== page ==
The attack of the flying ants
Marvel's latest is formulaic but very watchable, writes Paul Whitington
Ant-Man (12A, 117mins)
At this stage Marvel superhero movies come as pre-packaged and unthreateningly inviting as a Big Mac or a bucket of Kentucky Fried Chicken. Over a series of films that began with Iron Man back in 2008, the Marvel team have refined their formula to perfection so their massive audience knows exactly what to expect. There'll be a hard-luck back-story, a Damascus moment for the nascent hero, a simmering love interest, a villain bent on global destruction, lots of fight scenes and plenty of undercutting humour.
We get all of that in Ant-Man, the 12th instalment in Marvel's ever-expanding but rather grandiose-sounding 'Cinematic Universe', but perhaps a dollop more comedy than usual, and with very good reason. Because while one might flinch at the Hulk's approach or dread the falling hammer of Thor, there's nothing especially terrifying about a hero who shrinks to the size of an insect and charges around doing clever little things whose significance will only become apparent after an embarrassing pause.
The idea that Ant-Man might be hard to take seriously was acknowledged by Marvel from the very start, and way back in 2006 they hired British writers Edgar Wright (Sean of the Dead etc.) and Joe Cornish (Attack the Block) to knock together something witty that might form the basis of a workable film. Mr Wright was also down to direct, but left the project a few years ago and was replaced by Peyton Reed. Will Ferrell's longtime collaborator Adam McKay also contributed to the finished script, as did Ant-Man's star, Paul Rudd.
And casting Mr Rudd in the title role is one thing Marvel and Disney have gotten absolutely right, because the baby-faced actor is perfect as Scott Lang, a petty criminal looking for a second chance.
When we first meet Scott, he's just emerged from a stint in San Quentin, a hell-hole to which he vows never to return. He's going straight, he insists, because he wants to be a proper father to his little girl. But after getting fired from his menial job at a fast-food joint, Scott is persuaded by his friend and flat-mate Luis (Michael Pena) to take part in one more daring robbery.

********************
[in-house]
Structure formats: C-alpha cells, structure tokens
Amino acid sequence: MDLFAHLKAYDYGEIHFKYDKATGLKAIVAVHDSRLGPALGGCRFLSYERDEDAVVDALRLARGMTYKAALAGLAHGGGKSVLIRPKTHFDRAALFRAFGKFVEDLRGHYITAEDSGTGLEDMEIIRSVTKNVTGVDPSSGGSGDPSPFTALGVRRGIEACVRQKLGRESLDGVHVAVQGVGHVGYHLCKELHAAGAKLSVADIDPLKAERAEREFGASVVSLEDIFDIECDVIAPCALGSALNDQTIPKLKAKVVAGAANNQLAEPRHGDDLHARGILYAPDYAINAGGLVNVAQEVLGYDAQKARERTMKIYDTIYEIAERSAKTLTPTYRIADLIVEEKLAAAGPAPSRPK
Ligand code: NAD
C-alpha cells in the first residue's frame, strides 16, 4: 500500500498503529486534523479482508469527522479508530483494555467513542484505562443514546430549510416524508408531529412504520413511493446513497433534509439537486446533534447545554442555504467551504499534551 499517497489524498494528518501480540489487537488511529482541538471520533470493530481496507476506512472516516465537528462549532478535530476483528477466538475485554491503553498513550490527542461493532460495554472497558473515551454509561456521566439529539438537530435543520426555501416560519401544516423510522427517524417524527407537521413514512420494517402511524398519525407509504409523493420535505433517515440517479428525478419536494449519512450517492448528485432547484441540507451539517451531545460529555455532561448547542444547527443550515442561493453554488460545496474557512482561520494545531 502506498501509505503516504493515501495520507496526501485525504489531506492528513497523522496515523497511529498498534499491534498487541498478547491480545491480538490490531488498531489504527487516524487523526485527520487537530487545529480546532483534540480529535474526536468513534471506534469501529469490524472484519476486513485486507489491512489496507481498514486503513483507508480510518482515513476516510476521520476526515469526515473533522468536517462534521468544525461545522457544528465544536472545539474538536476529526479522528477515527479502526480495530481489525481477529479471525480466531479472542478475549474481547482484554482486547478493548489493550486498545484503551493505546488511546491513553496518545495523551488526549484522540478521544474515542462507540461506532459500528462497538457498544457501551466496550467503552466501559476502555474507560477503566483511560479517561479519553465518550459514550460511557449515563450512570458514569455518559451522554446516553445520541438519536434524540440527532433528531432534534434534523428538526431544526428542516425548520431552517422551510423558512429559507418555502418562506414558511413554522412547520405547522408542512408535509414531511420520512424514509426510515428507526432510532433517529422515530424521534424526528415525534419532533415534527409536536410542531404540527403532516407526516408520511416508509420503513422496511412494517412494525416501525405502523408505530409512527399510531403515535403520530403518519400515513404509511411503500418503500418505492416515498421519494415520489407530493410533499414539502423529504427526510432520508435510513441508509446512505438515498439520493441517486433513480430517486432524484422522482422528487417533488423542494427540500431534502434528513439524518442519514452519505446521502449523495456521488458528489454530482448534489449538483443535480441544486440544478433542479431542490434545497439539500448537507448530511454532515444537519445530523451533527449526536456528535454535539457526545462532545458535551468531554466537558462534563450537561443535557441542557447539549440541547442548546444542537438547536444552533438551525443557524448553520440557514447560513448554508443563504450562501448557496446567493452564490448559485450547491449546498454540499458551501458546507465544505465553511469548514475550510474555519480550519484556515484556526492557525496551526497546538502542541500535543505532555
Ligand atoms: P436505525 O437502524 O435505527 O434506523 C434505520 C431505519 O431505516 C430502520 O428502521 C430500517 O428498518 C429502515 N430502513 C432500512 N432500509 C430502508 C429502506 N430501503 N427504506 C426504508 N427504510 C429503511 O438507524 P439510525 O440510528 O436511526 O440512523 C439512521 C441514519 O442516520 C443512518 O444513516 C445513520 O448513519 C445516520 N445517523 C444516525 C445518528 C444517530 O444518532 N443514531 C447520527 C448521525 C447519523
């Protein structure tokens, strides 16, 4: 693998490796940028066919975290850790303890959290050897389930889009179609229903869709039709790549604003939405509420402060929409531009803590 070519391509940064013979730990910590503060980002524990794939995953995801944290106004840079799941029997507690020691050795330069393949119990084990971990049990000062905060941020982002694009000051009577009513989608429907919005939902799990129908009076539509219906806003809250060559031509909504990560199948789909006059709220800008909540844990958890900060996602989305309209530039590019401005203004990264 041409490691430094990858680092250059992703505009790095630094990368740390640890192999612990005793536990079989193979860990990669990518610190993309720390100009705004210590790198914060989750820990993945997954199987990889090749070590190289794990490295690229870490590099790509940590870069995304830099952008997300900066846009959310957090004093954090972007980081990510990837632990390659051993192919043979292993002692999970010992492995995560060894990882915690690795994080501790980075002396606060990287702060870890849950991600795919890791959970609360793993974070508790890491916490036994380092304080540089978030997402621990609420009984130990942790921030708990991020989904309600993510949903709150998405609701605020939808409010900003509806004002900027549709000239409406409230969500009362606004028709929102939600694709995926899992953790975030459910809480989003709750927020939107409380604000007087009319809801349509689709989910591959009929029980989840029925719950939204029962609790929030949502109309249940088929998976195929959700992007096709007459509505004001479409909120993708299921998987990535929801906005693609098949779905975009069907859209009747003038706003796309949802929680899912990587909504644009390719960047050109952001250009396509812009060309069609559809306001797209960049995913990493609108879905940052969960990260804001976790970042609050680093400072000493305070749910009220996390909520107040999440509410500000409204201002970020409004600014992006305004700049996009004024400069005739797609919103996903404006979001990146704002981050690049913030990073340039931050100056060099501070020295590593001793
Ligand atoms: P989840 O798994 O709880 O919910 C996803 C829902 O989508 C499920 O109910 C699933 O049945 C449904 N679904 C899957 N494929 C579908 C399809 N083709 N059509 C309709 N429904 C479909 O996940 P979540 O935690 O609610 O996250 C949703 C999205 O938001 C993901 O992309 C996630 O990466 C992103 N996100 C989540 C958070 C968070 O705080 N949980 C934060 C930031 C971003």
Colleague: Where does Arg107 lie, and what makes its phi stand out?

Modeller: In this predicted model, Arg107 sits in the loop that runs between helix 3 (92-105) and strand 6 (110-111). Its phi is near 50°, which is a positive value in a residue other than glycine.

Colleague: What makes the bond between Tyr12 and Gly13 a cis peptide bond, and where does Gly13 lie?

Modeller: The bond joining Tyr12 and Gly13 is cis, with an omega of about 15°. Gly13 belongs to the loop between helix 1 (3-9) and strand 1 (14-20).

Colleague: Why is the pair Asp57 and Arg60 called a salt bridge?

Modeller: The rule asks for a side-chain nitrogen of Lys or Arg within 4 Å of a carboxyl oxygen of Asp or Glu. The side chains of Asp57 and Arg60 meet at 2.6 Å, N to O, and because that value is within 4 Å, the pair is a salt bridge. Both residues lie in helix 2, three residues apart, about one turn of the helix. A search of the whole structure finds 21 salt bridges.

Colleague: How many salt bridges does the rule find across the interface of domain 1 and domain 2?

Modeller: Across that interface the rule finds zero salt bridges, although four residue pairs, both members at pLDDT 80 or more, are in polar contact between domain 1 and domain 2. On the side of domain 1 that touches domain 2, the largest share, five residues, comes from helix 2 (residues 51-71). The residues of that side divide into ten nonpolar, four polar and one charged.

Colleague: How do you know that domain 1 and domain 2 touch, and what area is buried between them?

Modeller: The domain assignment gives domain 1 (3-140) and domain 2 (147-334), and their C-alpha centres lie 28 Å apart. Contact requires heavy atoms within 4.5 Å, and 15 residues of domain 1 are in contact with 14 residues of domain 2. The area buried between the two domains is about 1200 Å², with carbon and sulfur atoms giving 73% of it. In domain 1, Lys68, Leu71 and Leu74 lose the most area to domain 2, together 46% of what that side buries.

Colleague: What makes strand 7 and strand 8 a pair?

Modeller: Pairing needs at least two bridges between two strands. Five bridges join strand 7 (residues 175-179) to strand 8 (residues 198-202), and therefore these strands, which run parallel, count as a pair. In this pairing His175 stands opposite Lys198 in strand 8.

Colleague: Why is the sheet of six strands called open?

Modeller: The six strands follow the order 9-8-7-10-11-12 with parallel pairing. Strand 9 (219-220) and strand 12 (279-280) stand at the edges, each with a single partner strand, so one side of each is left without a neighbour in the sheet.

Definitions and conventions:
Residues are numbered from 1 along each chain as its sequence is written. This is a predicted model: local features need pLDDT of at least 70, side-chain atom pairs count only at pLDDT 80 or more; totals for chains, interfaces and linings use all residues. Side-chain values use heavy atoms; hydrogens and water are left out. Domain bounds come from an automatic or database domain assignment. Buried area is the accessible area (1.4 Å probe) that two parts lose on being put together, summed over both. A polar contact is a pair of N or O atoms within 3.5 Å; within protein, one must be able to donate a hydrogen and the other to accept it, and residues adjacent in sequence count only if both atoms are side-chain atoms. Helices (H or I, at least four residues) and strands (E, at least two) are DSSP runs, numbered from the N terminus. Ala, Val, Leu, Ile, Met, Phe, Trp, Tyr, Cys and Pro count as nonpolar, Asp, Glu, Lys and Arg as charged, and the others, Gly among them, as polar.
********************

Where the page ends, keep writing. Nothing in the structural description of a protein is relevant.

A rich old man is out of town and has left his San Francisco mansion ripe for the picking. Scott, a master thief, breaks in with ease, and skilfully busts open a giant safe. Inside he finds not cash or jewels but a strange-looking rubber suit. And when he takes it home and tries it on in the bathtub, he shrinks so small he almost gets washed down the plughole.
The suit, and house, belong to one Hank Pym (Michael Douglas), an entomologist and physicist who discovered the size-shrinking technique was back in the 1960s but kept it a secret because of its potential dangers as a weapon of war. Now his company has been taken over by a voracious megalomaniac called Darren Cross (Corey Stoll, giving it socks), who's close to unlocking the secret of Pym's work.
Pym wanted Scott to steal the suit, and now trains him to work with a small army of real ants and become skilful enough to penetrate the high security Pym Industries building and sabotage Cross's work. But there must always be a love interest, and Evangeline Lilly plays Pym's daughter Hope, a spiky young woman who believes that she, not Scott, should be wearing the shrinking suit. Will she warm to him before the end? Give it your best guess.
Ant-Man's plot is as formulaic and undemanding as it sounds, and the film is not exactly laden down with dramatic tension. It is, however, very watchable, partly because of the amiable and charming Mr Rudd, who could make you warm to Hitler if he played him. The humour is constant, and necessary, and Peyton Reed's camera pulls back from the hectic miniature action scenes now and then to reveal their squeaking insignificance.